DVD Review: The Searchers/John Wayne-John Ford Collection
By Glenn Abel
No one needs an excuse to revisit the "The Searchers." Here's one anyway: Warner's newly restored and remastered version of the 1956 John Ford-John Wayne masterpiece finally brings home the film in an approximation of its original theatrical glory. Colors are remarkable, and images seem complete. Owners of previous versions should upgrade without hesitation.
Any old "Searchers" DVDs are rendered obsolete, including Warner's widespread and notorious 1997 release, which forced viewers to pick their poison: either a pan-and-scan crop job that stunted the film's magnificent landscapes or a "widescreen" treatment that scalped the verticals.
Director Martin Scorsese, who counts "The Searchers" as one of his favorite films, insists that no contemporary home video or theatrical presentation can match his boyhood experience of watching "The Searchers" in its original VistaVision theatrical format.
"I (don't have the words to) tell you what that VistaVision looked like projected," he says of the long-gone system that yielded fine grains, endless depths of field and extra-wide images. "There's nothing today that can equal that." The cinematic poet and landscape artist Ford made the most of the format and Technicolor with endless longshots of his beloved Monument Valley.
Scorsese is joined by directors Curtis Hanson and John Milius in a half-hour appreciation of the film included as a DVD extra. All three dwell on the dark side of the film, which tells of an aging Civil War veteran and mercenary (Wayne) who stalks a Comanche warlord who slaughtered his brother's family and made off with his niece (perhaps his daughter).
The film's treacherous crosscurrents include rape, sexual slavery, the slaughter of innocents, Old Testament vengeance and omnipresent racism. Few films burrow so deep into the audience's primal places.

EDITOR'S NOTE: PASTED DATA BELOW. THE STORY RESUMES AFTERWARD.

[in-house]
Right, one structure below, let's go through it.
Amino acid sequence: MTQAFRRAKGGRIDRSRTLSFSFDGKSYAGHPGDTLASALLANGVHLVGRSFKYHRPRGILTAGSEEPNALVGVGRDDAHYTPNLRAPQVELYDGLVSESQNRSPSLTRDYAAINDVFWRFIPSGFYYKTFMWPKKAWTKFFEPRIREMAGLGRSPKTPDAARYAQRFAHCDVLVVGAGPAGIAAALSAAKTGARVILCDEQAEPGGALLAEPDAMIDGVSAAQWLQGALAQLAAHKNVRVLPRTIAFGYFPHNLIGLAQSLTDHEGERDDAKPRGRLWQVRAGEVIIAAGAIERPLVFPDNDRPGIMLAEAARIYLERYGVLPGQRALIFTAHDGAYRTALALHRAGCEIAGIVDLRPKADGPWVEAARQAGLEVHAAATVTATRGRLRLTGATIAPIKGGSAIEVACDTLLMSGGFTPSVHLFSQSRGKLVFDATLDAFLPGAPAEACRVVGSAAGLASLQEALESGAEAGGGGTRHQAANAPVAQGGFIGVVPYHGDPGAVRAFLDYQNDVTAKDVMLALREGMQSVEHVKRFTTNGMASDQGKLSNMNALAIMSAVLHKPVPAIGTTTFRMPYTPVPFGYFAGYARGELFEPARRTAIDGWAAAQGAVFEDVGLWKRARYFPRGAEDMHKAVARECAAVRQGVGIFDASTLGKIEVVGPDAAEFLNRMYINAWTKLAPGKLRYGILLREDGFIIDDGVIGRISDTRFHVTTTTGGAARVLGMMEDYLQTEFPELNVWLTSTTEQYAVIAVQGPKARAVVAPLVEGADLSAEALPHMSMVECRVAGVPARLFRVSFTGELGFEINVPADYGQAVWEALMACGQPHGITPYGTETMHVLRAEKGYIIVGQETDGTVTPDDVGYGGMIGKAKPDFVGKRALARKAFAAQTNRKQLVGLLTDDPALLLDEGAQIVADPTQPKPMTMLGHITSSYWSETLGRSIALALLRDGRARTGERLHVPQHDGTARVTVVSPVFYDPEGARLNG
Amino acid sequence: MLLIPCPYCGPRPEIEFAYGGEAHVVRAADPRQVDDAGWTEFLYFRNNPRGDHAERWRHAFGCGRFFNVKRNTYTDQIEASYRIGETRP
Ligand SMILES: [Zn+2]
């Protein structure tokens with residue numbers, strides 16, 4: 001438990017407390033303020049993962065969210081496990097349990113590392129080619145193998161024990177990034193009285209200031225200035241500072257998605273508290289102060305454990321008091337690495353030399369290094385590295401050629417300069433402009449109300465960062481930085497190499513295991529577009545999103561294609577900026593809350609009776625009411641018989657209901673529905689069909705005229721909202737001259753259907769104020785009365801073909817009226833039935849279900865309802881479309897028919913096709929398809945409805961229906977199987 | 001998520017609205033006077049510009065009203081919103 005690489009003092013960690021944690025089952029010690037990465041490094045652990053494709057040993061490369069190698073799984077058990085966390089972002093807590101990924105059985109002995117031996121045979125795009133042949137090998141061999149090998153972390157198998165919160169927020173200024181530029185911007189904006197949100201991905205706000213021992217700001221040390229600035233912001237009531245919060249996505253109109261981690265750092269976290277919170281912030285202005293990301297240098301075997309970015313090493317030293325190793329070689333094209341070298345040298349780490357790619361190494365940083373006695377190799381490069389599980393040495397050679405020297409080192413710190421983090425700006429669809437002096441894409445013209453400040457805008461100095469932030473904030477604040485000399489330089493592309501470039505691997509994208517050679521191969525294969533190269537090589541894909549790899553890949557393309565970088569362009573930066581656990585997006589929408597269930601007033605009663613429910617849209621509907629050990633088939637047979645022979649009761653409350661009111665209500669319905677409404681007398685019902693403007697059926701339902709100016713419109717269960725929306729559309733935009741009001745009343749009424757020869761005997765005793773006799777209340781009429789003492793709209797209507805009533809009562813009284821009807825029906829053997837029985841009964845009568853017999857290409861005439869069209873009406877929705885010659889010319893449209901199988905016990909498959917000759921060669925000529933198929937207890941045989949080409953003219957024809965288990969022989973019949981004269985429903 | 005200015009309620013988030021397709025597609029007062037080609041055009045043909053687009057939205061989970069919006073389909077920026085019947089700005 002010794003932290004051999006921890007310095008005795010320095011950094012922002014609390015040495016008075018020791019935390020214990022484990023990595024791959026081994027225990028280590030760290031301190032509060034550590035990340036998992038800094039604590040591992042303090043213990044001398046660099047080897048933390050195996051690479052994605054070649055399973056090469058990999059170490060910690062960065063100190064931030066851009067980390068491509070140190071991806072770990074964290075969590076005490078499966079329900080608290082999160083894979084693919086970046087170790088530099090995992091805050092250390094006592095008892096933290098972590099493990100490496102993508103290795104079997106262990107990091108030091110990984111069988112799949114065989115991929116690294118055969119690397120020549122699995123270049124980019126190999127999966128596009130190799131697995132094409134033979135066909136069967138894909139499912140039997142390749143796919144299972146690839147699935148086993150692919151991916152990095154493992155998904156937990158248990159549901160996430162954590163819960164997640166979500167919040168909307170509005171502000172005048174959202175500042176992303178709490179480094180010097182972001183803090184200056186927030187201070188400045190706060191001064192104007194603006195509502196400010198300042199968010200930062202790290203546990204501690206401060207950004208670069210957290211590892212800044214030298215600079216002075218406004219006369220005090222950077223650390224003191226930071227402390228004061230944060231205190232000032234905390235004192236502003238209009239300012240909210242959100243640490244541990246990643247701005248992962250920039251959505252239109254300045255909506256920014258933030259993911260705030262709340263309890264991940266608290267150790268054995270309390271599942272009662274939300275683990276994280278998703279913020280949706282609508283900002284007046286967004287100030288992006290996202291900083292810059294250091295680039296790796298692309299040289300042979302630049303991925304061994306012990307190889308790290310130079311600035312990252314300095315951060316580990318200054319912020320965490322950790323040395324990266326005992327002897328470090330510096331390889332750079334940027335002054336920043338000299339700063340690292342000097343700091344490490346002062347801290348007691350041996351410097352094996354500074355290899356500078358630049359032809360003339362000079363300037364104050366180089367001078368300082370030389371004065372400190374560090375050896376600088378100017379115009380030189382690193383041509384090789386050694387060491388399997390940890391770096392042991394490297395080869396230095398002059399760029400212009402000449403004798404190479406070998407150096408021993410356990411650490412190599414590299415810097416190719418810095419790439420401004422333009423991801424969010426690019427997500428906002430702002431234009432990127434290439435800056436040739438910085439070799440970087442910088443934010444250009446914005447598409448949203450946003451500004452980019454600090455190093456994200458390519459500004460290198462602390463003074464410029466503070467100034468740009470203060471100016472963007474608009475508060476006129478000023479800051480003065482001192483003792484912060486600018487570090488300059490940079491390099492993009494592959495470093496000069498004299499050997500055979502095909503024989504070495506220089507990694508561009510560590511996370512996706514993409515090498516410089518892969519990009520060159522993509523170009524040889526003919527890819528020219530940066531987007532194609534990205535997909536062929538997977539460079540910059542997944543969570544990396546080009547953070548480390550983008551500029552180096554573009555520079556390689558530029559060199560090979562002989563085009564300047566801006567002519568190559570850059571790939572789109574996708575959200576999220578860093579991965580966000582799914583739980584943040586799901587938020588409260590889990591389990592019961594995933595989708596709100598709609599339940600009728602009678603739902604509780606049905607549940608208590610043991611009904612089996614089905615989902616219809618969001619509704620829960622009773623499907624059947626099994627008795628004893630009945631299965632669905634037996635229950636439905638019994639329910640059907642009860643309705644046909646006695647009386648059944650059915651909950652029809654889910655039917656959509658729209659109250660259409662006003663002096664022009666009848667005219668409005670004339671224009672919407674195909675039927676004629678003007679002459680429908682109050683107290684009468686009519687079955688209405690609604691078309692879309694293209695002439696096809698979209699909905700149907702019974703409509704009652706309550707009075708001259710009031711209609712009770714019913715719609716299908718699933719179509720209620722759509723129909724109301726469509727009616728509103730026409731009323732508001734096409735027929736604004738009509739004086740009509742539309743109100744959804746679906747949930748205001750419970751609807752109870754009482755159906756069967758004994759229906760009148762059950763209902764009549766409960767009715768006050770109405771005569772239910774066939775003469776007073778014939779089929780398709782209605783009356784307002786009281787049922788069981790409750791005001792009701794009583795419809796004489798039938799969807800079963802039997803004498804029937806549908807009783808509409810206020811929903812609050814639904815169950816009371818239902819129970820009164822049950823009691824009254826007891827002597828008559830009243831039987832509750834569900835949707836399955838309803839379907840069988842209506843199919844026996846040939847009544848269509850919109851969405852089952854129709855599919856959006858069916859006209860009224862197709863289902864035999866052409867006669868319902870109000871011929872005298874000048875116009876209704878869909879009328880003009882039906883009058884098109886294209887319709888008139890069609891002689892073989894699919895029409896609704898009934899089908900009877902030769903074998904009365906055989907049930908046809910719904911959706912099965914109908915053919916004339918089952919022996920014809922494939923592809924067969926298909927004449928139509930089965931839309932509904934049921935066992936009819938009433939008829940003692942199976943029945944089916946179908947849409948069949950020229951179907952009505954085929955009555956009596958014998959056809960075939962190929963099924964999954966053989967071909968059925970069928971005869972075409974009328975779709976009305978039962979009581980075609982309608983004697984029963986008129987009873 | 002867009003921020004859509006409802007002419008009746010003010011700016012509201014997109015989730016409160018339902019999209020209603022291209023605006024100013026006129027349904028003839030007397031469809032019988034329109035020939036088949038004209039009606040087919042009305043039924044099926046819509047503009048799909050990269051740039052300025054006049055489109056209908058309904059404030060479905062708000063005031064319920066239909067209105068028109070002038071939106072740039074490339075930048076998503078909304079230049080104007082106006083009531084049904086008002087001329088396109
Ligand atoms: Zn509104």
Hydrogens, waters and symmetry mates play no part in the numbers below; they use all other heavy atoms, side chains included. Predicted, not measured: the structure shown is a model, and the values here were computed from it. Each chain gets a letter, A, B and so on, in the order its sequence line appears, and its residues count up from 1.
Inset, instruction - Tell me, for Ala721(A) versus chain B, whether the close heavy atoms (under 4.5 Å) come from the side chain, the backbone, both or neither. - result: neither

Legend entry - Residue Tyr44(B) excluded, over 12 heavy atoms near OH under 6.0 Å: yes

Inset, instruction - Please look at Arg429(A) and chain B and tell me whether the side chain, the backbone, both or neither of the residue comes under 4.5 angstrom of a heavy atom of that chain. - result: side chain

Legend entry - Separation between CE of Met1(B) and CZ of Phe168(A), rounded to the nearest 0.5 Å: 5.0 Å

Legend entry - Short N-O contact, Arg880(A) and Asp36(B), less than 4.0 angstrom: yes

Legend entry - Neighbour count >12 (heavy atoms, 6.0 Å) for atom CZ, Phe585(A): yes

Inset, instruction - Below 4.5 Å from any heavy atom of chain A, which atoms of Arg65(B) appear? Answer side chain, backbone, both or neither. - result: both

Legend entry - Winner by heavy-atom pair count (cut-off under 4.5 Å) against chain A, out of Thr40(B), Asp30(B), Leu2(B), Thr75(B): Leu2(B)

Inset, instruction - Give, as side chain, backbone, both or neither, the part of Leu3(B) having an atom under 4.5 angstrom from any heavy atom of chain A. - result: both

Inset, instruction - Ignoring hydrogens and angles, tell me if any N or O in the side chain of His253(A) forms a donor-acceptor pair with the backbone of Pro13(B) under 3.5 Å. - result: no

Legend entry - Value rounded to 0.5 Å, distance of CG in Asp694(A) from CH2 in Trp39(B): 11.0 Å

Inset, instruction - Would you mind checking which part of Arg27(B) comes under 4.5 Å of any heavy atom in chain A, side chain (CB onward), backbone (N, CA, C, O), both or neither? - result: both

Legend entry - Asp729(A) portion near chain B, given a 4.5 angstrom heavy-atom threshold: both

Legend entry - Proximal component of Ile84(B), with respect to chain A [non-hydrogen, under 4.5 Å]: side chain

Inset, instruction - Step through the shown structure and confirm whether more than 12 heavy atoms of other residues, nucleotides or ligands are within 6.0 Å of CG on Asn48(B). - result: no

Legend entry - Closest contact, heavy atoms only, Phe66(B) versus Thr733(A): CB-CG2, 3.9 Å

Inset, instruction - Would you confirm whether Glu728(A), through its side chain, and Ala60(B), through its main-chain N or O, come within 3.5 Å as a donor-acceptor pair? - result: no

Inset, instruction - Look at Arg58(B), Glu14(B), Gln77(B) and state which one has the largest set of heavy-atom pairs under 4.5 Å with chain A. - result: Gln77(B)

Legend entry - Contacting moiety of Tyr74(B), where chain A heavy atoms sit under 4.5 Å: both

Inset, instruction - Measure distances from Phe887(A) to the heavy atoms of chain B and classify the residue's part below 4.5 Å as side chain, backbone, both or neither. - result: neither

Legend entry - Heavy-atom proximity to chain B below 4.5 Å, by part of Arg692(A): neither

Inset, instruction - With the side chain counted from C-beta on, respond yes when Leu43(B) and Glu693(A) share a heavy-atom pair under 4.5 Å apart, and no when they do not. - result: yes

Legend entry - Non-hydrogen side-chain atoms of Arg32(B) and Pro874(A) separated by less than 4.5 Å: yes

Even today, after viewing the restored film, Scorsese finds it "very disturbing."
"The violence in the film is so dark and effective because we never see it," Hanson says. "Questions of race run through every minute. É We see the violence and racism of our society." When Wayne looks down with disgust and hatred on white girls turned Comanche, "it's like looking into the eyes of hell."
Peter Bogdanovich, the dependable (and prolific) DVD commentator, says "The Searchers" is "as good a Western as Ford made, maybe the best."
"It's amazing how it was overlooked in its day," Bogdanovich says. "It was sort of dismissed (by the press) as another John Ford-John Wayne movie." He adds, "Time is the best critic." The film's offspring are legion, of course, from Leone to Peckinpah to "Star Wars" to "The Proposition."
"The Searchers" comes in two double-disc sets with identical content on the DVDs. The "Anniversary Edition" retails for $26.99. The "Ultimate Collector's Edition" ($39.92) adds print materials, including reproductions of the 1956 tie-in comic and the original press book, along with some unremarkable memos and postcards.
New-to-DVD extra features are the Bogdanovich commentary, a needless introduction by Patrick Wayne and the excellent half-hour "An Appreciation." Ported over from previous videos are the jittery Ken Burns-like docu "A Turning of the Earth" (Milius narrates) and a handful of "Behind the Cameras" TV puff pieces from 1956 with Gig Young.
The older extras lean on clips from the Ford crew's filmed diary, an early stab at a serious making-of docu. Warner had no alternate takes or deleted scenes to display, typical of the efficient Ford, Bogdanovich says.